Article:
verdy_p at wanadoo.fr
Thu Jan 10 22:50:14 UTC 2008
> -----Message d'origine-----
> De : Raj Mathur [mailto:raju at linux-delhi.org]
> Envoyé : jeudi 10 janvier 2008 04:43
> À : license-discuss at opensource.org
> Objet : Re: OSI enforcement?
> On Thursday 10 Jan 2008, Rick Moen wrote:
> > [snip]
> > So, the correct answer to "Where can I get RHEL5 Update 1 Server
> > Edition's gcc binary RPM for less than Red Hat, Inc. charges?" turns
> > out to be "Well, in practice you probably can't, but you can have
> > something very similar for free that you should regard as for most
> > practical purposes functionally the same."
> Er, excuse me, but where in the GPL (or any of the other OSI-approved
> licences) does it state ``you must give your software away for free to
> whoever asks for it''? The GPL (and other copyleft licences) only
> require you to distribute source code to anyone to whom you have
> distributed the binaries. They do not (repeat: NOT) require you to
> give your binaries away to anyone.
This is written in the GPL: every right or obligation you give to a user
with your distribution under the licence is applicable to downstream users,
even if the latter did not interact with you.
You don't need then to have provided legally the binary to any user that
requests you the sources, because there's absolutely no way to control the
downstream redistribution: one of your initial licensees may have collected
the binaries, as well as the sources, then delivered a recompilation of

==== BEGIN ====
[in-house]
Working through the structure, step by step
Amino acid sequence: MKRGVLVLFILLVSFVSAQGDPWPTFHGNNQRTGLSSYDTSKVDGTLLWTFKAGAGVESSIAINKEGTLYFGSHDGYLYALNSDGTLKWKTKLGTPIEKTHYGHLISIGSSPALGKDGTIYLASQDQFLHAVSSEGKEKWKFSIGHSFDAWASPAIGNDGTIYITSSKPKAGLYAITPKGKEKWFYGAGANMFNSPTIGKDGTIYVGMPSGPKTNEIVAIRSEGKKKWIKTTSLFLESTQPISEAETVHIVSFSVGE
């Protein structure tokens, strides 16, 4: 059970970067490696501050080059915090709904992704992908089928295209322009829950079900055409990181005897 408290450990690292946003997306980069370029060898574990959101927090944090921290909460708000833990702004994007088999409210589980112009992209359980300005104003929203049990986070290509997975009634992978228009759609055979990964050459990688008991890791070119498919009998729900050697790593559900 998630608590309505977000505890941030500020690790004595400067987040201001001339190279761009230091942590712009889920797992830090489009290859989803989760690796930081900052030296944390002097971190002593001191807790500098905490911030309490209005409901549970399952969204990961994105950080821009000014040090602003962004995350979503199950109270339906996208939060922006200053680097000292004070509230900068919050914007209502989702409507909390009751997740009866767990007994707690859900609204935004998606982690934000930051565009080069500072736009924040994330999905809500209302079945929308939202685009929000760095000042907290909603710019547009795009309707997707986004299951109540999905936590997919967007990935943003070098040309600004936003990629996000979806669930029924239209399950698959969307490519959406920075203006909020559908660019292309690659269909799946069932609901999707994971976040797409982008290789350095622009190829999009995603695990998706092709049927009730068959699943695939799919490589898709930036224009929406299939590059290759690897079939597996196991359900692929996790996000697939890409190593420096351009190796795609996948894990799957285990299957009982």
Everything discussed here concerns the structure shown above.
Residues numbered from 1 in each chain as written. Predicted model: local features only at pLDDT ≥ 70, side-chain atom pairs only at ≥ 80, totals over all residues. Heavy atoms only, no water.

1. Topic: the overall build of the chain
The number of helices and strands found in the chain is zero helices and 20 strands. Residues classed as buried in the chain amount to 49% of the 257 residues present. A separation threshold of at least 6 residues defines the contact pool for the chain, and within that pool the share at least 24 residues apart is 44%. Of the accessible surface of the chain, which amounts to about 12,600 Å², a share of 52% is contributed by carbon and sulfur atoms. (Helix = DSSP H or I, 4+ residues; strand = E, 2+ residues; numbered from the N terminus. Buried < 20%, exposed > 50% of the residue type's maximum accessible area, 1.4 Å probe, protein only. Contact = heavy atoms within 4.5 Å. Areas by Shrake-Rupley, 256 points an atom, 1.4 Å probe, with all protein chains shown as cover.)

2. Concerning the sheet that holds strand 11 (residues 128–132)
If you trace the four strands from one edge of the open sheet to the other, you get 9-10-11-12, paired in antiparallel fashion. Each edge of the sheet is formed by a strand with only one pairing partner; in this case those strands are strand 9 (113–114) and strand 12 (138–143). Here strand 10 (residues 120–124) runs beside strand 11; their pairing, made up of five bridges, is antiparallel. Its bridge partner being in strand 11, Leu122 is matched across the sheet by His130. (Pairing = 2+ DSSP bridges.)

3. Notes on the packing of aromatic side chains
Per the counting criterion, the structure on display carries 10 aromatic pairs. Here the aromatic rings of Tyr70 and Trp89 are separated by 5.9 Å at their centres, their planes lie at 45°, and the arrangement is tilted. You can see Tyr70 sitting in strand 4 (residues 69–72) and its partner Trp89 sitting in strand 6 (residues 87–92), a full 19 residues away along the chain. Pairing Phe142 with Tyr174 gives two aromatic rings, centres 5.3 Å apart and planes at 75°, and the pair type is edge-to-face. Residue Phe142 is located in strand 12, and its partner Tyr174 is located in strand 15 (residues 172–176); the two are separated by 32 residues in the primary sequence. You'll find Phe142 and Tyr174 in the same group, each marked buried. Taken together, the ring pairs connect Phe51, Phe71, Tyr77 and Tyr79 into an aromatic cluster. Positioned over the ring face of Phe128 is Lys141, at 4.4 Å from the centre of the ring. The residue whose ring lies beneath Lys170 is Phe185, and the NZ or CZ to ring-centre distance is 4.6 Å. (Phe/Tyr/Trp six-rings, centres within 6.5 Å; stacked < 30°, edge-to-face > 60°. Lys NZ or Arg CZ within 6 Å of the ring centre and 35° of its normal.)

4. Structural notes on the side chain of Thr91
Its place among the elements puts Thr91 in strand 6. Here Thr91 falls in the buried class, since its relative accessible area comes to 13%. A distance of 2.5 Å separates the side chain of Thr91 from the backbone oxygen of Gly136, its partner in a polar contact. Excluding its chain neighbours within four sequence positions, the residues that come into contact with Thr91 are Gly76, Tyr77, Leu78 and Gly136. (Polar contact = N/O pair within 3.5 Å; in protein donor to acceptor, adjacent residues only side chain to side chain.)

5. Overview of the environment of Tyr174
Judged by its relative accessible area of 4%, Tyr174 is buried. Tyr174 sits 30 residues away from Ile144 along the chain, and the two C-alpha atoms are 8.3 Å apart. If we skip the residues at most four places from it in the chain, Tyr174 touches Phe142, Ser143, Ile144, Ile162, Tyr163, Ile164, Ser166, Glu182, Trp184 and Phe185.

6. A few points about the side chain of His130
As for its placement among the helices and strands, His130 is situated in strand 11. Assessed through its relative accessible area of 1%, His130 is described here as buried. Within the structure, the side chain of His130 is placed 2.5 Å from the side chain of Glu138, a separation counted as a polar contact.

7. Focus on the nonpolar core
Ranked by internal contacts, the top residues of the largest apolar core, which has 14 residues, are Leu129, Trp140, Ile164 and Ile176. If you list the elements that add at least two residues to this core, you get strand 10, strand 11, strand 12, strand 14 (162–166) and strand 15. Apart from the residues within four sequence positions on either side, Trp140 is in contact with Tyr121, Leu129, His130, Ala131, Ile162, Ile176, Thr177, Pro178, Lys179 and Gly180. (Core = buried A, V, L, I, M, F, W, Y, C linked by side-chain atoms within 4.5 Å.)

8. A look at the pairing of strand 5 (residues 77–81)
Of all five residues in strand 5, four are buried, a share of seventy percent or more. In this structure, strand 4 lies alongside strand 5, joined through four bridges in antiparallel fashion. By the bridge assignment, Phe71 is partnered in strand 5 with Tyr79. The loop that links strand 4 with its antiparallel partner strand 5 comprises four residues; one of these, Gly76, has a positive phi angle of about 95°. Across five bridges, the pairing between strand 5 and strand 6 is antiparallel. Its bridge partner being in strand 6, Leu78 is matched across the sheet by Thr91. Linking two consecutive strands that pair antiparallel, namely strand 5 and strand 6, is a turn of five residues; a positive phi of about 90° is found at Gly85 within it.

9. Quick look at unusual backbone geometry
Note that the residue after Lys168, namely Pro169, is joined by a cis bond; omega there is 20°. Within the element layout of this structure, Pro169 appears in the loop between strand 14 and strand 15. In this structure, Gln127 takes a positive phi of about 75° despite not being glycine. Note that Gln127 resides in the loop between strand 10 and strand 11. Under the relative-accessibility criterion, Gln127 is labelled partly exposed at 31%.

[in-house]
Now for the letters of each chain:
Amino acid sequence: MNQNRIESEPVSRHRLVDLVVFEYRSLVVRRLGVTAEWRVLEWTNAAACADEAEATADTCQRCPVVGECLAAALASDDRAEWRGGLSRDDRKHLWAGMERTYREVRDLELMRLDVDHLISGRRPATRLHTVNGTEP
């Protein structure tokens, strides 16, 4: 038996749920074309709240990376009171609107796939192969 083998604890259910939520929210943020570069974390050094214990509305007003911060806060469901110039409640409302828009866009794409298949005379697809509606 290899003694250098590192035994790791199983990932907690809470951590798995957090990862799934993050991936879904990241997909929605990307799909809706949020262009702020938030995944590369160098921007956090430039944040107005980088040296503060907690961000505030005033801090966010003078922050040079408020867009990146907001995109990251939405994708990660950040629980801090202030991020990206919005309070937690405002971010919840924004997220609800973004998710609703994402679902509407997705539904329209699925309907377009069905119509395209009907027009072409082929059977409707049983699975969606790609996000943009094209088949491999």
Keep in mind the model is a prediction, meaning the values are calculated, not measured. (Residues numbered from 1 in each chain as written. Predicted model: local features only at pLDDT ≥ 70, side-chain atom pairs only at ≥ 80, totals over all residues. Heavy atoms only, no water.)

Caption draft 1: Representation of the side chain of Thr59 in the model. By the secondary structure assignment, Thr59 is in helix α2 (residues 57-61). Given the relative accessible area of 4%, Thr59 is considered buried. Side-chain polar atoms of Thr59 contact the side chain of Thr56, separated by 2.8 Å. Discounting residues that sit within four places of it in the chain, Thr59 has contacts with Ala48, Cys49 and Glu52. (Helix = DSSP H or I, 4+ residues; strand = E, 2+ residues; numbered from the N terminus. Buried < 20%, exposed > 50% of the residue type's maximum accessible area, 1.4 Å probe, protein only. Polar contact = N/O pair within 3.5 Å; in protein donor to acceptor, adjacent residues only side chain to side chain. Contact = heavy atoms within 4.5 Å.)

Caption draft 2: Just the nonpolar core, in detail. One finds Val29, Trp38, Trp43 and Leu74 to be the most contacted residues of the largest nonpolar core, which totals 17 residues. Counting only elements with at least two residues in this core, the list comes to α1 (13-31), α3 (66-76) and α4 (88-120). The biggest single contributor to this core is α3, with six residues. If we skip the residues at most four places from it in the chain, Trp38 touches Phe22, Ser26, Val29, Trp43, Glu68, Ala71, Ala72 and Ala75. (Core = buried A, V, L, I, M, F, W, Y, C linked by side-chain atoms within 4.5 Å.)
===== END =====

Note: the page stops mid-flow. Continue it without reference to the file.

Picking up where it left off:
these sources, possibly after modification while also preserving the
Then a downstream user will want to control the modifications that may have
been performed, and will ask you for the sources of your initial binary
distribution. They have the right to request you these sources directly, if
they don't trust the modification made by their direct distributor. This is
certainly great a security feature, and a way to control the copyright
assignments and real authorship of every part of sources.
Users of any GPL'ed softwares are not limited to ask for the sources only to
their direct distributors, they can request them to any party that was
involved in the creation or modification of the software or its
distribution, and they don't need any prior arrangement with you (but if
they request these sources to you, they are necessarily accepting the terms
of the licence to exercise its associated rights, something that is not
implied if they just use or modify the software for their own usage without
redistributing it to anyone). Note that there's no required prior mutual
signature to get and use any binary or source GPL'ed distribution...
The full acceptance of the licence (and its obligations) is only implied (in
fact required) when you exercise the rights to distribute the software (or
any covered part or modifications of it) or the right to get the sources,
because this is the ONLY legal way to use them and nothing outside of the
licence guarantees these rights to you.
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